• BBC Radio Lincs

    This morning I appeared on BBC Radio Lincolnshire for the second time in the past fortnight. Previously it was part of the BBC Upload programme, and the presenter gave out details of the All Bets Are Off podcast and aired a section from our Gambling Harm Among The Student Population episode. However, I was invited to the Mid-morning show with Melvyn Before talking about my own gambling addiction story. Due to the breaking news of the coronavirus tiered system update, we got to cut a little bit short otherwise, we would have spoken more about industry exploitation and the podcast itself. Below you will find the discussion in its entirety.

  • BBC Essex Radio

    This evening I was back on BBC Essex having a chat with Rob Jelly (host of BBC Upload). A show that has supported the All Bets Are Off podcast from the very beginning. We discussed mental health, gambling recovery, collaboration with Billericay Town FC, and affected others, which was the main purpose of this discussion. Rob played a clip of Julie Martin’s experiences as an affected other from S2 EP10 Affected Others - The Story of Julie Martin (including Steve Watts, founder of GamFam). To listen to my discussion with Rob, click on the video below.

  • Billericay Town: Raising awareness of gambling-harms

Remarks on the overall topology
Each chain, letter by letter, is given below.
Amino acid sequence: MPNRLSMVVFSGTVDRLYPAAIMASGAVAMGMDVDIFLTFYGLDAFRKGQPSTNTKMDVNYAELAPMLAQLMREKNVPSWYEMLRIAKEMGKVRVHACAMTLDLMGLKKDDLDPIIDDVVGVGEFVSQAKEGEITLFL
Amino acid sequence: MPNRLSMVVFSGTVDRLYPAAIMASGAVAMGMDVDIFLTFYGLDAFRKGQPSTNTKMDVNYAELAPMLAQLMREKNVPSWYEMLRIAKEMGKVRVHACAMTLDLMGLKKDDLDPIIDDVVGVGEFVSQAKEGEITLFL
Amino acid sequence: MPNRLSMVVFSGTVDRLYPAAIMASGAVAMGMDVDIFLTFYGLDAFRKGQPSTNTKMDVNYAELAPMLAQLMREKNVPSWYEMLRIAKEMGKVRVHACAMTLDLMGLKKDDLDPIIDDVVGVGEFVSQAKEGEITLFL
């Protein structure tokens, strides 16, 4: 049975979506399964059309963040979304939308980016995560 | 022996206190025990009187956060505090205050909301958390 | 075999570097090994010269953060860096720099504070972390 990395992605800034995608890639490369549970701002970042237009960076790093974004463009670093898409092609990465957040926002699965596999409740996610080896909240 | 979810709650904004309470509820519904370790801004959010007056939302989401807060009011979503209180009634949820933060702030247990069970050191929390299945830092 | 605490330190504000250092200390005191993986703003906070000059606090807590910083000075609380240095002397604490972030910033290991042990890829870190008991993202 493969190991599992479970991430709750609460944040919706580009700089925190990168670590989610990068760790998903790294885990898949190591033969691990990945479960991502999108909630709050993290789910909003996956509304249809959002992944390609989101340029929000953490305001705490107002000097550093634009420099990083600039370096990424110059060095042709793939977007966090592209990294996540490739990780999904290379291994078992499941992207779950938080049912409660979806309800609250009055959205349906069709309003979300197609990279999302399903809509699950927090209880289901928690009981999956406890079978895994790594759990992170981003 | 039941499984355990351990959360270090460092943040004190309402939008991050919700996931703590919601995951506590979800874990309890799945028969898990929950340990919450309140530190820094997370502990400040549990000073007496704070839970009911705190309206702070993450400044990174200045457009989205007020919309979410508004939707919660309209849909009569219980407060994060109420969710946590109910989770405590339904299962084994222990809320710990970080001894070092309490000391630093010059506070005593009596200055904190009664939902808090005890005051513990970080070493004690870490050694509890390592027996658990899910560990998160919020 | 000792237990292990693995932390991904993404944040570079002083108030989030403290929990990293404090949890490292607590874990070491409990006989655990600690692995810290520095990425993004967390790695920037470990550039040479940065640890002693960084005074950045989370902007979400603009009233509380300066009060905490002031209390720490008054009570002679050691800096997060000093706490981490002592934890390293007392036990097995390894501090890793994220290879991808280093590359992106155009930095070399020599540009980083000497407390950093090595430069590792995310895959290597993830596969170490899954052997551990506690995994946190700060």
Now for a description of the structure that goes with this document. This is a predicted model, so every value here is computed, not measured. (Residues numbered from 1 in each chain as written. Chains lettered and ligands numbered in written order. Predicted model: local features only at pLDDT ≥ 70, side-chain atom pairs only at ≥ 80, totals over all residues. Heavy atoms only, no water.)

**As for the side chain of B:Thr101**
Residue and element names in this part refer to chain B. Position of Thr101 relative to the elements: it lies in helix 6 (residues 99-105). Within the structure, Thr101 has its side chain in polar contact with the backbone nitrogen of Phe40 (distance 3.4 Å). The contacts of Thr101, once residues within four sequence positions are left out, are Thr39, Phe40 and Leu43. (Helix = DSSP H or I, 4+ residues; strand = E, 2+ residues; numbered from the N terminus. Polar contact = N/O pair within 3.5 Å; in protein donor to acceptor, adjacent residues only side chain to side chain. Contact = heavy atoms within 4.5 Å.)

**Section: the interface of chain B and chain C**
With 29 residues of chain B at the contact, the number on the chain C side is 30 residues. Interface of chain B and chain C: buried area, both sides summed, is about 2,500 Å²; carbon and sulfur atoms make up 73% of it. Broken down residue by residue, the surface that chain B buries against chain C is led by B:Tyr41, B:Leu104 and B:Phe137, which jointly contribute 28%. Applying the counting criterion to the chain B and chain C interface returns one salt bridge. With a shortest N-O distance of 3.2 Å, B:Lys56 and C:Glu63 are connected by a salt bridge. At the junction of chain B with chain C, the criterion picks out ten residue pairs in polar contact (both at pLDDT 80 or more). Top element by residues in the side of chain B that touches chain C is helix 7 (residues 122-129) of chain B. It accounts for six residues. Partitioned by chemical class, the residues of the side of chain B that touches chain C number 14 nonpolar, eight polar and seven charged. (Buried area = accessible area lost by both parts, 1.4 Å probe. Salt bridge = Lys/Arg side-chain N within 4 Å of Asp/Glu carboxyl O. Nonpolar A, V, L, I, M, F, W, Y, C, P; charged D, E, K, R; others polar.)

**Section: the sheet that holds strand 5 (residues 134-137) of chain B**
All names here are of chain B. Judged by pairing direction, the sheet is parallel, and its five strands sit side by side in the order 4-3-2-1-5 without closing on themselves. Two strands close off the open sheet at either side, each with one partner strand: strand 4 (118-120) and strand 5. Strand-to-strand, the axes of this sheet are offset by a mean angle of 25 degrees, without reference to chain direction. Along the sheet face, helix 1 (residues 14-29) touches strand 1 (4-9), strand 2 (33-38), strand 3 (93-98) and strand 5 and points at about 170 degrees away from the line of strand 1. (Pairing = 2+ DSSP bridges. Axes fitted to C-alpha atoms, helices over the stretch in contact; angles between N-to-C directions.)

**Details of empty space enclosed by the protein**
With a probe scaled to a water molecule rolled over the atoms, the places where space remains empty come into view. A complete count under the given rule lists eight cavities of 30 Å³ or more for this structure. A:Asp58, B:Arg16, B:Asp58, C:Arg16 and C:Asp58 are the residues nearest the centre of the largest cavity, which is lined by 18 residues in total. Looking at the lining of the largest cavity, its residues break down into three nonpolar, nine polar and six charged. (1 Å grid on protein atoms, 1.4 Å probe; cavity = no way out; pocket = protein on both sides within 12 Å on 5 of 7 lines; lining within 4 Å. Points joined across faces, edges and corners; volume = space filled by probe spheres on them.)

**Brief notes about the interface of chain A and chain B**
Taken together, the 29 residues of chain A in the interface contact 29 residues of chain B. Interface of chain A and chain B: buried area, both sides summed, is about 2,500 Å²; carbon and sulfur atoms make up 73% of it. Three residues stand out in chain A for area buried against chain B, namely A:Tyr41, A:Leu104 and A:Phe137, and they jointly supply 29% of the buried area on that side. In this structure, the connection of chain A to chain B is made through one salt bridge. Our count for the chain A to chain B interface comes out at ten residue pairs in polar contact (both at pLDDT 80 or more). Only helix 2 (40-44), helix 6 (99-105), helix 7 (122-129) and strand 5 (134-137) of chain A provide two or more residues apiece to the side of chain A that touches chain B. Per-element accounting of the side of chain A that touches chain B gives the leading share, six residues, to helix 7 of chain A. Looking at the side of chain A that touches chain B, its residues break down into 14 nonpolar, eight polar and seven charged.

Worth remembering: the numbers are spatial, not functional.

The All Bets Are Off podcast is delighted to announce that we are part of a collaboration with Billericay Town Football Club, which will seek to further our efforts in raising awareness of gambling-related harm. We approached the National League South club a short time ago, and they were immediately receptive to the idea of this initiative. It was evident from our first interaction with Billericay Town co-owner Nick Hutt that they are a socially responsible football club and wished to lend a hand in our campaign. From today through towards the back-end of next week, The Ricay will be posting a series of messages via their social channels that aims to inform the wider public – especially those that follow the club and the local community – on the seriousness of gambling-harm, what gambling-addiction can lead to, and to signpost to support services and listening content such as ourselves. This campaign will include some of our trusted friends, most notably, Gambling with Lives, GamFam, Gamban, RecoverMe, Clean Up Gambling, and The Big Step. Gambling with Lives will be the match sponsor for this Saturday’s game between Billericay Town and Hampton and Richmond Borough at the New Lodge. A few days later, the All Bets Are Off podcast will adopt the same role for Billericay Town versus Chelmsford City. We want to take this opportunity to thank Nick and his team for all of their efforts.

  • Gambling and Guarantor Loans